Swiss watchmaker Swatch has found itself embroiled in controversy as Malaysian authorities confiscated 164 rainbow-coloured watches from its Pride collection.

Taking place across eleven shopping malls in Malaysia, including the capital city of Kuala Lumpur, Malaysian officials raided retailers leaving Swatch’s CEO, Nick Hayek, in disbelief that a collection promoting peace and love could be deemed harmful.

Swatch’s collection of watches featuring rainbow colours, a symbol associated with the LGBTQ+ community, became the target of the Malaysian authorities. Under Malaysia’s laws, homosexuality is strictly forbidden, and engaging in sodomy can result in imprisonment and corporal punishment, although enforcement is infrequent.


The raids took place on 13-14 May, with the home affairs ministry’s enforcement unit confiscating the watches. The seized timepieces were described as having “LGBT elements” and were targeted based on the Printing Presses and Publications Act of 1984.

Following the raids, Swatch officials expressed their disagreement with the seizure, highlighting the watches’ message of peace and love, with CEO Nick Hayek questioning the enforcement unit’s actions by sarcastically wondering how they would confiscate the natural rainbows that appear in Malaysia’s skies on numerous occasions throughout the year.

Sarah Kok, the marketing manager for Swatch Malaysia, stated that despite the confiscation, the company would continue to replenish the stock and display the watches on store shelves as instructed by the Swiss headquarters.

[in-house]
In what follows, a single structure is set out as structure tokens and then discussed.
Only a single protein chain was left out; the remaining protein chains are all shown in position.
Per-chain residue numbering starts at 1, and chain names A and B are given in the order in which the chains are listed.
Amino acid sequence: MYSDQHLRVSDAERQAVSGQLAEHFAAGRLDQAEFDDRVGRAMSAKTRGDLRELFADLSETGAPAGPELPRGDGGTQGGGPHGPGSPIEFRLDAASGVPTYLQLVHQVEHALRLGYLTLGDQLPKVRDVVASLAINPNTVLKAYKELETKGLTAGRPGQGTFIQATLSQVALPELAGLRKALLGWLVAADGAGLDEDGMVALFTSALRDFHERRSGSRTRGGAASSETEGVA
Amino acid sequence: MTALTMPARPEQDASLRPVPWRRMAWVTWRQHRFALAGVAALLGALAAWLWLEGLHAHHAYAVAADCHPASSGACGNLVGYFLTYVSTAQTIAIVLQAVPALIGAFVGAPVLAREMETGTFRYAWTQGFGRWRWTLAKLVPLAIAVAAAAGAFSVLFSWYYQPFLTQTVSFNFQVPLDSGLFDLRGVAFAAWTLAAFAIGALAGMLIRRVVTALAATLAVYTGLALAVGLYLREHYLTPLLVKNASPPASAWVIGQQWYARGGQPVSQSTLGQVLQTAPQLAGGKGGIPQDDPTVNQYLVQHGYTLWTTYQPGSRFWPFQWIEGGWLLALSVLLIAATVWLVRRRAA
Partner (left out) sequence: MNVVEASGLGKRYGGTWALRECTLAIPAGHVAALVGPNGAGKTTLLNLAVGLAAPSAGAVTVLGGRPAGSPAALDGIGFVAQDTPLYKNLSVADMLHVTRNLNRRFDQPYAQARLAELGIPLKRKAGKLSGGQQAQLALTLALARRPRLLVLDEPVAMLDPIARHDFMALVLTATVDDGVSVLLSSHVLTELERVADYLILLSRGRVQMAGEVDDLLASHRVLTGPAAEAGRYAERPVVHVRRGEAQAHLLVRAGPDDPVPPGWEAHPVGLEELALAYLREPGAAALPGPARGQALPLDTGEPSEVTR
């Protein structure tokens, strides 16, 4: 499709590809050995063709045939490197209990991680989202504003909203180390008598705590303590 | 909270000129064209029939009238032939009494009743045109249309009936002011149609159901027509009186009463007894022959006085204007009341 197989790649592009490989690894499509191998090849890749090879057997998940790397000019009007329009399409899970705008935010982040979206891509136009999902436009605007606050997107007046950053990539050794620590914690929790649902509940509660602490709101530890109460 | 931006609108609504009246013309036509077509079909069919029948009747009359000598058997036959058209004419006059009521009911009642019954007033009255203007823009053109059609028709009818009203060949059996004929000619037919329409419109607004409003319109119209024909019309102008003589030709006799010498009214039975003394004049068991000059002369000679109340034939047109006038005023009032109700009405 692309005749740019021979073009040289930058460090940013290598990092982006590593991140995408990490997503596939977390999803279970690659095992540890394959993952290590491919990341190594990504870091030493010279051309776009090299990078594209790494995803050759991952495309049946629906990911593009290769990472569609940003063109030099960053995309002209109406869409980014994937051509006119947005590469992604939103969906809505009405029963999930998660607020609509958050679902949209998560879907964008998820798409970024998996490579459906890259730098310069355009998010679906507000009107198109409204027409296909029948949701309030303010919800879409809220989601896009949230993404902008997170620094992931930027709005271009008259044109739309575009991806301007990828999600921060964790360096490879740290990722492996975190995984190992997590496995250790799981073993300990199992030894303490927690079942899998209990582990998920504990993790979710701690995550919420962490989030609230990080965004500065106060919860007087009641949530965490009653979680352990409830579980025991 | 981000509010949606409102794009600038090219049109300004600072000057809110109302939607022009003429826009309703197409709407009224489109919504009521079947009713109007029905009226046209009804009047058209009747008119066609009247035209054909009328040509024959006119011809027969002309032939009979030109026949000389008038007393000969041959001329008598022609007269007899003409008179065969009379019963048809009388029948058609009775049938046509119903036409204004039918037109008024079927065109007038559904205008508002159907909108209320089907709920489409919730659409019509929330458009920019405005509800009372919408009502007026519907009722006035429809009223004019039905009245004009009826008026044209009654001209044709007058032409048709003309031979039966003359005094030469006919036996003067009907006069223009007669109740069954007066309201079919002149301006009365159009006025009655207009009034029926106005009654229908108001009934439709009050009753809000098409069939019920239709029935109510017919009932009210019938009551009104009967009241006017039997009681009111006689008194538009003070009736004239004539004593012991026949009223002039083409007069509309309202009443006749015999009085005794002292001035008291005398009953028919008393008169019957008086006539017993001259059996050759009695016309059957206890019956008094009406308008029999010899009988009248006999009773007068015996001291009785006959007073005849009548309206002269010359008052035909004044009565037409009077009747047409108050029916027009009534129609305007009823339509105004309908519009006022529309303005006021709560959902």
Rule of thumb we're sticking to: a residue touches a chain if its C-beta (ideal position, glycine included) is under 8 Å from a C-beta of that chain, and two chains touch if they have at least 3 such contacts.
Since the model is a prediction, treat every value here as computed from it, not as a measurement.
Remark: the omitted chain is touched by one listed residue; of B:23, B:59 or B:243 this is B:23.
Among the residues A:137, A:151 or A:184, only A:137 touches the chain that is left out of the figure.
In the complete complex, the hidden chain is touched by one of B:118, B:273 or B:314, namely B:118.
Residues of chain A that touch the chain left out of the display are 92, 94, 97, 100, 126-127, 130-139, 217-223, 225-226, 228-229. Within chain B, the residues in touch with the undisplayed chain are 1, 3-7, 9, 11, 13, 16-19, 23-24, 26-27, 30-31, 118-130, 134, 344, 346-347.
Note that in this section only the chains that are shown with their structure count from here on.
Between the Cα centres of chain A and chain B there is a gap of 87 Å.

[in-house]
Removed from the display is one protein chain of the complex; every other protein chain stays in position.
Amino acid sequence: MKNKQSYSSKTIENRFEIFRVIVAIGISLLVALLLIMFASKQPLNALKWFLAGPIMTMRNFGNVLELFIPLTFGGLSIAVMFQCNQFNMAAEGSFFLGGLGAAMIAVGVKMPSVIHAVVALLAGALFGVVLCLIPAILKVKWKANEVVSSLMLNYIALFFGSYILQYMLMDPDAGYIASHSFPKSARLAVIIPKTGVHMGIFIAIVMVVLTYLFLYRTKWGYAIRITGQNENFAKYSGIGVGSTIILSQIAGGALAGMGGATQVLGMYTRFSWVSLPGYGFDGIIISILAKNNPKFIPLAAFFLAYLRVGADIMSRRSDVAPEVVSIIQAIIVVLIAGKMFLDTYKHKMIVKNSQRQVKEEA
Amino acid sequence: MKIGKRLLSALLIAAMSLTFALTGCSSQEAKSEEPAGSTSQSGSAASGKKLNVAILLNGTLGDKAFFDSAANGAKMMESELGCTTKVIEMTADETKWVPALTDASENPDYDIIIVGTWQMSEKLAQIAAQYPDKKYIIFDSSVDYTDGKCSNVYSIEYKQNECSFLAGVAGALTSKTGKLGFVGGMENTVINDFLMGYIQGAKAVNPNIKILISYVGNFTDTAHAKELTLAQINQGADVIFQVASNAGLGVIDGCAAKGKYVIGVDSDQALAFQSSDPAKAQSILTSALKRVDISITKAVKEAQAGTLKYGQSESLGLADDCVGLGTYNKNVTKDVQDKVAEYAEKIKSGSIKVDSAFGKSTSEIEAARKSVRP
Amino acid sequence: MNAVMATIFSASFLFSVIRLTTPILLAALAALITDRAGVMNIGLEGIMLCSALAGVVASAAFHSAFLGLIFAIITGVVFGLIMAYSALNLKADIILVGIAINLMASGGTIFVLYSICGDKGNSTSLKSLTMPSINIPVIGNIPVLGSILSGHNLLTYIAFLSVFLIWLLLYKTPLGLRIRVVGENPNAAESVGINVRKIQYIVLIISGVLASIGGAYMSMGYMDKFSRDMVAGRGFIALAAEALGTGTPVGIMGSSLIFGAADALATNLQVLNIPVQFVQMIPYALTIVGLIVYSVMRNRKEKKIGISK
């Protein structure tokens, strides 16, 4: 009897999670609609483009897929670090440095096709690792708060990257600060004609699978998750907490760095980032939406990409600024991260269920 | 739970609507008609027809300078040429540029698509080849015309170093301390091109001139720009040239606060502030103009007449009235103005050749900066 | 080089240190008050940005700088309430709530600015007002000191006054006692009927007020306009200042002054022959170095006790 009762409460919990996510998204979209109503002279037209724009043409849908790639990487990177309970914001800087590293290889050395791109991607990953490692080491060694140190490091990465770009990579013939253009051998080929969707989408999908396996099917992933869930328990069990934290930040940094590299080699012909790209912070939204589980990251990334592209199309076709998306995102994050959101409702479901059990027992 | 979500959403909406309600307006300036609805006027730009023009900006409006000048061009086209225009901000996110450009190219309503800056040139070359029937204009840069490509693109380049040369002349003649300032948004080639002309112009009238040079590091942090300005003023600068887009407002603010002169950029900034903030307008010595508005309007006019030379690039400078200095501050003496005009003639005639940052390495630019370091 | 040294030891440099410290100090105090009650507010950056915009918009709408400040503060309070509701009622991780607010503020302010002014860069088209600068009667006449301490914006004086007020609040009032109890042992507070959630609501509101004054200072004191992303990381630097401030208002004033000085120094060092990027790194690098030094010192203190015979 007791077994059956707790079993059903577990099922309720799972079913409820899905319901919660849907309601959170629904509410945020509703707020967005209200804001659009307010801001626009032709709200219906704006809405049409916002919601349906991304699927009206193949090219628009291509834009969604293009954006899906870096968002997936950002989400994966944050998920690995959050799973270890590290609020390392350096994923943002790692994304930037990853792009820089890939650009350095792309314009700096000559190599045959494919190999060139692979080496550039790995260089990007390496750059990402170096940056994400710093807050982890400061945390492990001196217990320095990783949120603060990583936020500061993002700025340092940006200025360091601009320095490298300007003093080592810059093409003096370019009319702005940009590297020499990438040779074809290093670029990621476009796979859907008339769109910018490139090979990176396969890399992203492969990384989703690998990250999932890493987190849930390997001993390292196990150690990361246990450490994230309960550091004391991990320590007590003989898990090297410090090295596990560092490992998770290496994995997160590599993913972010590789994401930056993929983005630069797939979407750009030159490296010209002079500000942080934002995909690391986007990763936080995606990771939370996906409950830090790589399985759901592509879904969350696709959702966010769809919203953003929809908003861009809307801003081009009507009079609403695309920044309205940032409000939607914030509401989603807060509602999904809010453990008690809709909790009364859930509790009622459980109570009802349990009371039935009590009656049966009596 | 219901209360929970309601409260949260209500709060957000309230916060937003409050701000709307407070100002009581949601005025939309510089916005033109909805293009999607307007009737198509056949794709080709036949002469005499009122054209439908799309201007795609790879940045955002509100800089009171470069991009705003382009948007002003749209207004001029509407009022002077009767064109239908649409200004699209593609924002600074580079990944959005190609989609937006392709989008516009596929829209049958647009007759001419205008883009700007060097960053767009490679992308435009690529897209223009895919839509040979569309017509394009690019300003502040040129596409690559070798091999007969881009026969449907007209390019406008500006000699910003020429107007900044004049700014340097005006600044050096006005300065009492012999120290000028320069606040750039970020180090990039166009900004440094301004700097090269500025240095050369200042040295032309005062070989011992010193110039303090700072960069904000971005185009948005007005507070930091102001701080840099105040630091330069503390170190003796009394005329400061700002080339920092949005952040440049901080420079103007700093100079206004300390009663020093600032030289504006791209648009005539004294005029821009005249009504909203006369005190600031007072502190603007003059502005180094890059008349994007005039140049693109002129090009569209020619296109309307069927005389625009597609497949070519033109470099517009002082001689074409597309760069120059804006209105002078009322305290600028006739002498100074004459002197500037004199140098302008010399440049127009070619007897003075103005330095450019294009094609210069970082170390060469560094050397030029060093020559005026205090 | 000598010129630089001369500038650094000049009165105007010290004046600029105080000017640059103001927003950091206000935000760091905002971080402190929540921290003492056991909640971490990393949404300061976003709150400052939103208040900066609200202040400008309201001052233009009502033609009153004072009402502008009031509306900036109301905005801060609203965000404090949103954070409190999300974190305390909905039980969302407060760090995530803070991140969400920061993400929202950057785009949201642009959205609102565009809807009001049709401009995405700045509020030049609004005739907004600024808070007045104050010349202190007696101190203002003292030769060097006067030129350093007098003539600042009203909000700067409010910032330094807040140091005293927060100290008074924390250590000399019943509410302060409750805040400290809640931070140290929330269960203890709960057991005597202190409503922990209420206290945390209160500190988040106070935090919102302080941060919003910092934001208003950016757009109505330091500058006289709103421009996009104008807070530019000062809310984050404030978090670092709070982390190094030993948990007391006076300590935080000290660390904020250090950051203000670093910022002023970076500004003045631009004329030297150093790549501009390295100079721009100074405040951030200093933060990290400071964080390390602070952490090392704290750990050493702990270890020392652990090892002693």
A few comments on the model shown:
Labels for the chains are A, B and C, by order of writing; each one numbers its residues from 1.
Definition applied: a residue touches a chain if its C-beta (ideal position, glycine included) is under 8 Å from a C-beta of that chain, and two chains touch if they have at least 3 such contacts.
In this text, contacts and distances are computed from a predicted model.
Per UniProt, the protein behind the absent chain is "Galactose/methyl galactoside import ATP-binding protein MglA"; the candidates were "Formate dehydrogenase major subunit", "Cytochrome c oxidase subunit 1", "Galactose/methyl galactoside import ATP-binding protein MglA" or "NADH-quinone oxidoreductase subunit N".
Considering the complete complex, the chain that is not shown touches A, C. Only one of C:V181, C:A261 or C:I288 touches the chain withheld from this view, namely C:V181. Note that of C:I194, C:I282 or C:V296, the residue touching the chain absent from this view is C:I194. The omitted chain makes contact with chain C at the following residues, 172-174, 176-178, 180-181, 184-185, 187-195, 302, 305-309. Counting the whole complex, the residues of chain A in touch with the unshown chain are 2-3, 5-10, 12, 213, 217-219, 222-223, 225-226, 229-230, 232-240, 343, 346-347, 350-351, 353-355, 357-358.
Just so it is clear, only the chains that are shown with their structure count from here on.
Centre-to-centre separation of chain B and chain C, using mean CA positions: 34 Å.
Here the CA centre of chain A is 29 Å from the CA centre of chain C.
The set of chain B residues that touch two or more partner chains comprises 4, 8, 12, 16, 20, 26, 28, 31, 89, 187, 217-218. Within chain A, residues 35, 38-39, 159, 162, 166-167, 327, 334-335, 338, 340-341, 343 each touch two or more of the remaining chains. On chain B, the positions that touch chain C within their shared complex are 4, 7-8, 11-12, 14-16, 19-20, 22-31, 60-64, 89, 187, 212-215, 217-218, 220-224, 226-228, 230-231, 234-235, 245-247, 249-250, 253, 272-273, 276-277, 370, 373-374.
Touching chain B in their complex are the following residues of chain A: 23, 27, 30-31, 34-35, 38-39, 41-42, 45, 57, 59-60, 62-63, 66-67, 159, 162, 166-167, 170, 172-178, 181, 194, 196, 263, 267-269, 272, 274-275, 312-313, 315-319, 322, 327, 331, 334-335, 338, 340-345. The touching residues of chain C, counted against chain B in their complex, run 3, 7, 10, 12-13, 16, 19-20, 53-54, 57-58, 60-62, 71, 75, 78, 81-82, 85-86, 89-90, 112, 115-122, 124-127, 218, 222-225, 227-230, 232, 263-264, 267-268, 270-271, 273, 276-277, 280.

According to authorities, the confiscation was made under the Printing Presses and Publications Act of 1984, a law often criticised as draconian.

The act is frequently employed to ensure that content does not offend or undermine race relations in the country; however, critics argue that the law’s broad application limits freedom of expression and stifles diversity.

A ministry official (who preferred to remain anonymous) defended the actions undertaken in the raids, stating that the watches featured the letters “LGBT” and had six colours instead of the seven typically associated with the rainbow flag.

The confiscation raises concerns about the discrimination faced by the LGBTQ+ community in Malaysia and the limits on freedom of expression imposed by the Printing Presses and Publications Act.

Despite the controversy, Swatch officials remain defiant, vowing to replenish the stock and display the watches.